A catalyst for ecosystem recovery

The University of Washington Puget Sound Institute provides analysis, research and communication to inform and connect the science of ecosystem protection.

The big picture: Our comprehensive approach

Ecosystem management in Puget Sound has become increasingly complex. Scientists now recognize that what happens on the land is intricately tied to the health of the water. We face climate change and unprecedented population growth, and researchers have identified thousands of different human-caused pressures on the ecosystem. Given limited resources, how can managers and policymakers make informed decisions about where to focus their recovery efforts?

More: About PSI

 

The Puget Sound Institute provides expertise across three major areas:

1. Science for policy

Technical assistance to resource managers and policymakers
PSI and our partners receive major funding from the Environmental Protection Agency to support and enhance new strategies for improving the health of Puget Sound.

More: Science for policy

United States Environmental Protection Agency

Puget Sound Partnership

human wellbeing indicator wheel
The human wellbeing indicator wheel was developed to provide a social science perspective on ecosystem management.

2. Research

Scientific studies
Our expertise is strongly grounded in original research. Since 2010, PSI scientists along with our collaborators at the Center for Urban Waters have published on a range of topics, including the ecology of forage fish, stormwater, microplastics, social science and emerging contaminants.

More: Research and products

3. Communication

Trusted, decision-critical information
We bring together scientific findings from around the region through synthesis, study panels, technical peer-reviews and publications such as the Encyclopedia of Puget Sound and Salish Sea Currents.

More: Connecting the science

Browse: Encyclopedia of Puget Sound

A collection of Salish Sea Currents printed flyers.
Salish Sea Currents stories are published online in the Encyclopedia of Puget Sound and also printed as annual booklets and flyers.

 


Recent blog posts

Recovery of Puget Sound species could hinge on better understanding of ecosystems

November 19, 2021
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A recent report from the Puget Sound Partnership helps us understand the difficulty of restoring the Puget Sound ecosystem. What caught my attention in the…

Puget Sound fish and wildlife populations fall short of 10-year recovery goals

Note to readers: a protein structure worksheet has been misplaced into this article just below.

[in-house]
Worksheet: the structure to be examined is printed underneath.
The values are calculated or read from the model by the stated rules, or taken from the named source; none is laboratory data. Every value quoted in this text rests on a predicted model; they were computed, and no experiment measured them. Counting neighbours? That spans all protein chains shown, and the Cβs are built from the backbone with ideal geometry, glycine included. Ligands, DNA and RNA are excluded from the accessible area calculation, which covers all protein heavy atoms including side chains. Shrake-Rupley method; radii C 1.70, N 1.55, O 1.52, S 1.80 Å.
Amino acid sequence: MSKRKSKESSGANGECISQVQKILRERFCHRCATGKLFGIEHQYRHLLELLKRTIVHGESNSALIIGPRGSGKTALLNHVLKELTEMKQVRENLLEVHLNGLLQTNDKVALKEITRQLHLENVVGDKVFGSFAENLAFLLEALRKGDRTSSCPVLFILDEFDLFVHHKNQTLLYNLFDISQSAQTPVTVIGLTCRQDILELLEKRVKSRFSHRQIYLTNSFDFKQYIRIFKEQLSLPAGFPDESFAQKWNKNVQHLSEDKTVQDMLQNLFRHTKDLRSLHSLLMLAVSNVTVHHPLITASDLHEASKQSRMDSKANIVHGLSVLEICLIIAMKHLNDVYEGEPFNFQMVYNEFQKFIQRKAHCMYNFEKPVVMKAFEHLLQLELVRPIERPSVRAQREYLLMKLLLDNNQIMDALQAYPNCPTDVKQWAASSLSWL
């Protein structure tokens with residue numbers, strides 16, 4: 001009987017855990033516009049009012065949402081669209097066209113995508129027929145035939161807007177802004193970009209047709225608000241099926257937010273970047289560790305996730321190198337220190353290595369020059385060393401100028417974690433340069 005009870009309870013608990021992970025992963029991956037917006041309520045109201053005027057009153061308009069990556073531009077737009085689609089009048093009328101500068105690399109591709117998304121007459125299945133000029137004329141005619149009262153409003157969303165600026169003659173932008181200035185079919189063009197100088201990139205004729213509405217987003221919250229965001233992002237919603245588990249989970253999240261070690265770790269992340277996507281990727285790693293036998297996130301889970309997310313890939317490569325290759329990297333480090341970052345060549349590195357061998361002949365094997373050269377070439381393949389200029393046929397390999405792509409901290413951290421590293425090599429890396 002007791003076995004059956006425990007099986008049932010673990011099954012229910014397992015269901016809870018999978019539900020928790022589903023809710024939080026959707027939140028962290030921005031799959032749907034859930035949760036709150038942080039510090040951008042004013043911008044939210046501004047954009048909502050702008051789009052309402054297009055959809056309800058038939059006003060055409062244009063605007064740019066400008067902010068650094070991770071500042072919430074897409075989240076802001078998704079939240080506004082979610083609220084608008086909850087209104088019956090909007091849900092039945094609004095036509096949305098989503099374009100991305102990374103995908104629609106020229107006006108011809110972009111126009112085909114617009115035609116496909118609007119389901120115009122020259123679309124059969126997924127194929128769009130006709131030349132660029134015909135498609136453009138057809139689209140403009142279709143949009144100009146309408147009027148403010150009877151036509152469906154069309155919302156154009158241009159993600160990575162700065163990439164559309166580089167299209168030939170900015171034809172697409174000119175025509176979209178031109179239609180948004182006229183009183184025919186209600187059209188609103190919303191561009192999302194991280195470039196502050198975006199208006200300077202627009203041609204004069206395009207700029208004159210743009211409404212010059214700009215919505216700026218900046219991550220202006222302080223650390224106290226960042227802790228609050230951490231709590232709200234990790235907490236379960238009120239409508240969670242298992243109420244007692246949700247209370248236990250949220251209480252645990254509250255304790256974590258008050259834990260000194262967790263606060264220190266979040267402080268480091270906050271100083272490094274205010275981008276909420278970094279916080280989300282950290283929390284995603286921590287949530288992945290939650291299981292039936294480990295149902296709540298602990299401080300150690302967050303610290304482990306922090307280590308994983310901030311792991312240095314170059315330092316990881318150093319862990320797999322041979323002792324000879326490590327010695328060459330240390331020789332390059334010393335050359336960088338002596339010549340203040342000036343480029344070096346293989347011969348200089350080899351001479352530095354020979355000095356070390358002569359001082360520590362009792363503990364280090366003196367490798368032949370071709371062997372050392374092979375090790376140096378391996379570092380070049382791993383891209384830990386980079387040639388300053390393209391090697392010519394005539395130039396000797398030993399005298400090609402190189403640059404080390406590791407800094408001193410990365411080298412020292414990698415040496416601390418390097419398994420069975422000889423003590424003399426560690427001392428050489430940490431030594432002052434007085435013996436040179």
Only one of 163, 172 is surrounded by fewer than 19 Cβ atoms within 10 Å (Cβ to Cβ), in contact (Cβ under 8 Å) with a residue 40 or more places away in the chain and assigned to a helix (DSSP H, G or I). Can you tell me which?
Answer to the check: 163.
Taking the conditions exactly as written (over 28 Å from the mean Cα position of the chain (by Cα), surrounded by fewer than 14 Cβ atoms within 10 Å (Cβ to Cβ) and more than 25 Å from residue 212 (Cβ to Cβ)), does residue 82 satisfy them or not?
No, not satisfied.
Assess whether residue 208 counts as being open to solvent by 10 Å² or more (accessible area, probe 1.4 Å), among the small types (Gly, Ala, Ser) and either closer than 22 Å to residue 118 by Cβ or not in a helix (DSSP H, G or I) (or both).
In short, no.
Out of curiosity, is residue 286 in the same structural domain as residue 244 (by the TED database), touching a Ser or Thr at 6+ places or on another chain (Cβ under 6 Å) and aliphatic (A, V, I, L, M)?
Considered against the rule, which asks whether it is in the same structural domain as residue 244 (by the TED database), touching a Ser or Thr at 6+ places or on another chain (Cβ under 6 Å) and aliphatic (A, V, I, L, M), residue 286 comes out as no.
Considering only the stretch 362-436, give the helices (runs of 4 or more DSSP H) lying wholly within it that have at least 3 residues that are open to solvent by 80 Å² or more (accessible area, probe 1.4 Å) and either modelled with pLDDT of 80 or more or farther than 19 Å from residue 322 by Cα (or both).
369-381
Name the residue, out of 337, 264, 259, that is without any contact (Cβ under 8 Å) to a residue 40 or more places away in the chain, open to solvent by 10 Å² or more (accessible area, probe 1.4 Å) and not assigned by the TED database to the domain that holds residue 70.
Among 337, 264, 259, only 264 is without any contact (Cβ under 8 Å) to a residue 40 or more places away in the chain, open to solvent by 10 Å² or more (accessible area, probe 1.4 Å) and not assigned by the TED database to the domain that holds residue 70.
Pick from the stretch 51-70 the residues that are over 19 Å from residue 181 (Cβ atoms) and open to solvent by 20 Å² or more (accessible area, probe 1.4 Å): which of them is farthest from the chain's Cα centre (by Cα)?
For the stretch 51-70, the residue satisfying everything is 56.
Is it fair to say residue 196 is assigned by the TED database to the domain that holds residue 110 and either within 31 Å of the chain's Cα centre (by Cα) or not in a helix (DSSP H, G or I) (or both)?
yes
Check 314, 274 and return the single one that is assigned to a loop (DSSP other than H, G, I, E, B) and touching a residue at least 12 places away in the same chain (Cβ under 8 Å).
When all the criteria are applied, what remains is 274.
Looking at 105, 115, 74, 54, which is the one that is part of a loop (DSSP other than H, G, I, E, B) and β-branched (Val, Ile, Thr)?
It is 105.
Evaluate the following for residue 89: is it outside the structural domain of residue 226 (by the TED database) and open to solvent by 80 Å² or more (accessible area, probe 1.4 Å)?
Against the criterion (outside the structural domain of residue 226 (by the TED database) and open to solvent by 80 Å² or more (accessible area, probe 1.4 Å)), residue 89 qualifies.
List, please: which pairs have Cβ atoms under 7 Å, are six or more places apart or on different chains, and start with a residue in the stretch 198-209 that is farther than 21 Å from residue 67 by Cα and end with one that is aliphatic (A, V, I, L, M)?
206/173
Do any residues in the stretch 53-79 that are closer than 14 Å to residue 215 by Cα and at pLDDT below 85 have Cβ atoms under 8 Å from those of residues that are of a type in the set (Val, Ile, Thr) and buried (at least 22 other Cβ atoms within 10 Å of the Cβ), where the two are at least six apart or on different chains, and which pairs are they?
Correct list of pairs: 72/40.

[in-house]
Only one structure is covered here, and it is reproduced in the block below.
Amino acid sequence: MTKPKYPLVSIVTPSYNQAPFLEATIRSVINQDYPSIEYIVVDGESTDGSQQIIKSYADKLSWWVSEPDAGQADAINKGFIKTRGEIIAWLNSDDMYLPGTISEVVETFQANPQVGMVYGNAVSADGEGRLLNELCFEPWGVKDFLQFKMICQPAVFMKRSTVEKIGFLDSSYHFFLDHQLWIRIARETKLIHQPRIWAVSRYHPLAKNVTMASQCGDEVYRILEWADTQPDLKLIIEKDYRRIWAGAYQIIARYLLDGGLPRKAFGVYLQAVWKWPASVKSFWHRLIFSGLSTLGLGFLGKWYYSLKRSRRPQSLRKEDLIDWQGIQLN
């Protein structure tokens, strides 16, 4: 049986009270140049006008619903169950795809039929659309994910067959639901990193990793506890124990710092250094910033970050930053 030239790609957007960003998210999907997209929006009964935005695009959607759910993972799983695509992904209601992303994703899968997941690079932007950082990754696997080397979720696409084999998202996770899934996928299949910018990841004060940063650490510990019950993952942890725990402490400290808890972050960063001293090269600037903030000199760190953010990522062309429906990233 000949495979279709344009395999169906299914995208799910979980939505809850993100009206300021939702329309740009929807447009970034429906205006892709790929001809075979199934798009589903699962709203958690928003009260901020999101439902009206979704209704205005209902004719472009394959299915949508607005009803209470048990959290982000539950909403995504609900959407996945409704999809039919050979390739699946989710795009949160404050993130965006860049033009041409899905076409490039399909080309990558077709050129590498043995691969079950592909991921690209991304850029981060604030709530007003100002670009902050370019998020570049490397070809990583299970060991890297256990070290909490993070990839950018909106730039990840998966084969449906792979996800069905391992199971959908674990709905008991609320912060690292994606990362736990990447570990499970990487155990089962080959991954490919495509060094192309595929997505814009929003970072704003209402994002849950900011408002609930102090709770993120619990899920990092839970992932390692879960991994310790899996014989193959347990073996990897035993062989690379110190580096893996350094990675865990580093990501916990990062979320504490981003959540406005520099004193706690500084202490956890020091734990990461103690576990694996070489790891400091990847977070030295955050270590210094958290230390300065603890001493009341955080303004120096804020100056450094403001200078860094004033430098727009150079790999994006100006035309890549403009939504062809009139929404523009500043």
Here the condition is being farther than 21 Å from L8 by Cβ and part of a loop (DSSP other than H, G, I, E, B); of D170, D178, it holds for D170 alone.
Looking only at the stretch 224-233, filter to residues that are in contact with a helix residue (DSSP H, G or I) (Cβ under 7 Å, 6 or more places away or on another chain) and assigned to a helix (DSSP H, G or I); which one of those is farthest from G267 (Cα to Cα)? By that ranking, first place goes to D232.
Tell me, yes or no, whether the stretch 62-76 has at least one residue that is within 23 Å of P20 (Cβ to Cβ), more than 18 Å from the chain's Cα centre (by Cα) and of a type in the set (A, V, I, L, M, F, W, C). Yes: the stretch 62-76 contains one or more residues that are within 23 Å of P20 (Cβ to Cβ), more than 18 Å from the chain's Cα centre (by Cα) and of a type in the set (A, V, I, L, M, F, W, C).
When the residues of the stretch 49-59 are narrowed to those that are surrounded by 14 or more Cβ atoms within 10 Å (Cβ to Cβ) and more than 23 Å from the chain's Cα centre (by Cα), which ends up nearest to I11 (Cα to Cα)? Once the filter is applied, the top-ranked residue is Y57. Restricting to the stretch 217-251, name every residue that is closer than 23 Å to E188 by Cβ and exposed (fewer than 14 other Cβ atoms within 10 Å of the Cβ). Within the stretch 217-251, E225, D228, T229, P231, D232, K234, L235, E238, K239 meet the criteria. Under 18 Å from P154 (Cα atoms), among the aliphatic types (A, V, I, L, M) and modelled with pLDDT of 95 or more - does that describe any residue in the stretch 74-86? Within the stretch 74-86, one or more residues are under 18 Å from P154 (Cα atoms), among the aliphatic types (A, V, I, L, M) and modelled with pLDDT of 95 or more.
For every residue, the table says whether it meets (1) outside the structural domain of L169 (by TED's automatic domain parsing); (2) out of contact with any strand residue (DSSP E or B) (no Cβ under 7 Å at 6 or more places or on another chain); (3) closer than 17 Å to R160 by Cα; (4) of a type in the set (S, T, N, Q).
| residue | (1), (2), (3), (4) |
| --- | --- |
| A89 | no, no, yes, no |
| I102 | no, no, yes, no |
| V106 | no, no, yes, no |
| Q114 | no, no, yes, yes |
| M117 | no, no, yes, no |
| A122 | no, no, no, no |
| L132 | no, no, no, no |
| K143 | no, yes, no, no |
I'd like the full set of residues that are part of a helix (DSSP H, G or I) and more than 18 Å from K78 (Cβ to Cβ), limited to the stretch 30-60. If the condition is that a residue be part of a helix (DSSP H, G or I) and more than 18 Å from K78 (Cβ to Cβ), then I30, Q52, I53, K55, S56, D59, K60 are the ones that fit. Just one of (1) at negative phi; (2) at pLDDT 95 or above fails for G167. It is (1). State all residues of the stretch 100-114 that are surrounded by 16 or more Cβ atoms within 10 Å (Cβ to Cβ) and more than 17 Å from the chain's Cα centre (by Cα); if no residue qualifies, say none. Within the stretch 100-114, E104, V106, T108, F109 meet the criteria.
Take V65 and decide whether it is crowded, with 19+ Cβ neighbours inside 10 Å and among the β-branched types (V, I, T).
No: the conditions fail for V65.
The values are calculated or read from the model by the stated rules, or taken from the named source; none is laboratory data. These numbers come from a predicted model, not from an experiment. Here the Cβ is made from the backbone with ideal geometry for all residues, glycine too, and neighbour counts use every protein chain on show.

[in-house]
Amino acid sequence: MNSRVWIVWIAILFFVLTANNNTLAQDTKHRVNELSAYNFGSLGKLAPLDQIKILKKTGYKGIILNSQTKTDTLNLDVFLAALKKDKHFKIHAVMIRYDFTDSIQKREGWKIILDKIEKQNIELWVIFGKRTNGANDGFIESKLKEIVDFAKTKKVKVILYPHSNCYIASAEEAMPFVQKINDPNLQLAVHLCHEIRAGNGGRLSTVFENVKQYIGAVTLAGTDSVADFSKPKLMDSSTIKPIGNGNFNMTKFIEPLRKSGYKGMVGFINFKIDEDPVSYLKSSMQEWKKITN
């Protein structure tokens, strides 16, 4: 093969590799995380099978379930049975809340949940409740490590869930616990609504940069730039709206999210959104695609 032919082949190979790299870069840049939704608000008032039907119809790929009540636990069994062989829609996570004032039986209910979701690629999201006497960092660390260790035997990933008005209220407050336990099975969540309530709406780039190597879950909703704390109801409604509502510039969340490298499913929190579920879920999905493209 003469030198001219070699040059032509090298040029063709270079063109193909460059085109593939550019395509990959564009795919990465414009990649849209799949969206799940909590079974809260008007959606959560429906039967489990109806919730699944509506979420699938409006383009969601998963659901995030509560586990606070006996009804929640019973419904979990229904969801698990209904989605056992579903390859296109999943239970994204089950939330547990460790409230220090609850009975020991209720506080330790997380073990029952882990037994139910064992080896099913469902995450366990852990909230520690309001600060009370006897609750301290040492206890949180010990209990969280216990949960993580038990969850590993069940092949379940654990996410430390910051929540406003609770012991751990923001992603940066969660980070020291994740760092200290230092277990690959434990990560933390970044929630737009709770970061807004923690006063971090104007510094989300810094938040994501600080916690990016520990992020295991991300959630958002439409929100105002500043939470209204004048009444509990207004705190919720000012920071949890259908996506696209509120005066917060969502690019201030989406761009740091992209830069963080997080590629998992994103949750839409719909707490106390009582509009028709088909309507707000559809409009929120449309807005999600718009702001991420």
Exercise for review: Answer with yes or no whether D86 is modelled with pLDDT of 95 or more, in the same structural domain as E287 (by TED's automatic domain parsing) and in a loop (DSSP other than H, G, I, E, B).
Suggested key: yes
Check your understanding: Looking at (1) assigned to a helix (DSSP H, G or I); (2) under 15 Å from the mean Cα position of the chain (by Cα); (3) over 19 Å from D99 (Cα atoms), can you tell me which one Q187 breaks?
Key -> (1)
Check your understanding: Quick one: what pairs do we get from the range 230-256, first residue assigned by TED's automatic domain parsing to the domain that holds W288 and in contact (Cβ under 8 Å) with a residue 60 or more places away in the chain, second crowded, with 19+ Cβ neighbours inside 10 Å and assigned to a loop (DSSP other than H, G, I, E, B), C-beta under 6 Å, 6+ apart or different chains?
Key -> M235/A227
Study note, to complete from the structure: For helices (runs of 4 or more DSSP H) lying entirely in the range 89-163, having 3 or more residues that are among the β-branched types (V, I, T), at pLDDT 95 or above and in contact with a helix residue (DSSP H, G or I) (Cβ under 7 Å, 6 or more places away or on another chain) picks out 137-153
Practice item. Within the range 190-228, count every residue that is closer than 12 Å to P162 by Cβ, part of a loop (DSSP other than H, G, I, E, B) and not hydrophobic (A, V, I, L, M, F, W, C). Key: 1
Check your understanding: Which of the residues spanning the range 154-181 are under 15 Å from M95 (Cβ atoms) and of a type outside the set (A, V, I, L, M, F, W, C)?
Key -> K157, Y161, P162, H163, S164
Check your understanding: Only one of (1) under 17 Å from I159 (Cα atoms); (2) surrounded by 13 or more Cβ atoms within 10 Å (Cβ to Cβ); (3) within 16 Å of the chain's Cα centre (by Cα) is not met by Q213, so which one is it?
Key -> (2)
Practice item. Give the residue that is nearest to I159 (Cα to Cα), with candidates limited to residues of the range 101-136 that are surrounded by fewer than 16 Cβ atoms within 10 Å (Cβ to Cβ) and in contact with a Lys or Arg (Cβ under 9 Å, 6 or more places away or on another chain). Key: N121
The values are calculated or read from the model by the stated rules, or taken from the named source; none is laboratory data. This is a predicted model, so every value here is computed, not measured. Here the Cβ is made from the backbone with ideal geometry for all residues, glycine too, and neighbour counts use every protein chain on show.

November 3, 2021
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A final report on the 2020 ecosystem-recovery goals for Puget Sound outlines habitat improvements for some streams, shorelines and wetlands, but it also describes ongoing…

A young southern resident killer whale calf (J56) carrying a dead fish between her teeth while swimming next to her mother (J31) in the Salish Sea. Credit: A.W. Trites/University of British Columbia

Salmon study sparks controversy

October 28, 2021
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Occasionally, this space includes reports and essays from guest writers on the subject of Puget Sound ecosystem recovery. Biologist and author Eric Wagner has this…

Puget Sound meets 2020 bulkhead-removal goal; new indicators will chart the future

October 28, 2021
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In a turnabout that offers hope for Puget Sound’s nearshore ecosystem, old bulkheads are now being removed faster than new bulkheads are being constructed, according…

Introducing DORA Explorer

September 27, 2021
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Whether on land or in the sea, oxygen is critical for sustaining life. Healthy ecosystems depend on it, and the amount of dissolved oxygen in…

Stacked tires. Photo: Kool Cats Photography. https://flic.kr/p/ChFgxf (CC BY-NC 2.0)

Conference highlights latest findings on toxic chemical in tires

September 27, 2021
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The International Conference on Emerging Contaminants (EMCON), hosted virtually this month by the University of Washington, focused on newly identified threats from chemicals and microplastics…

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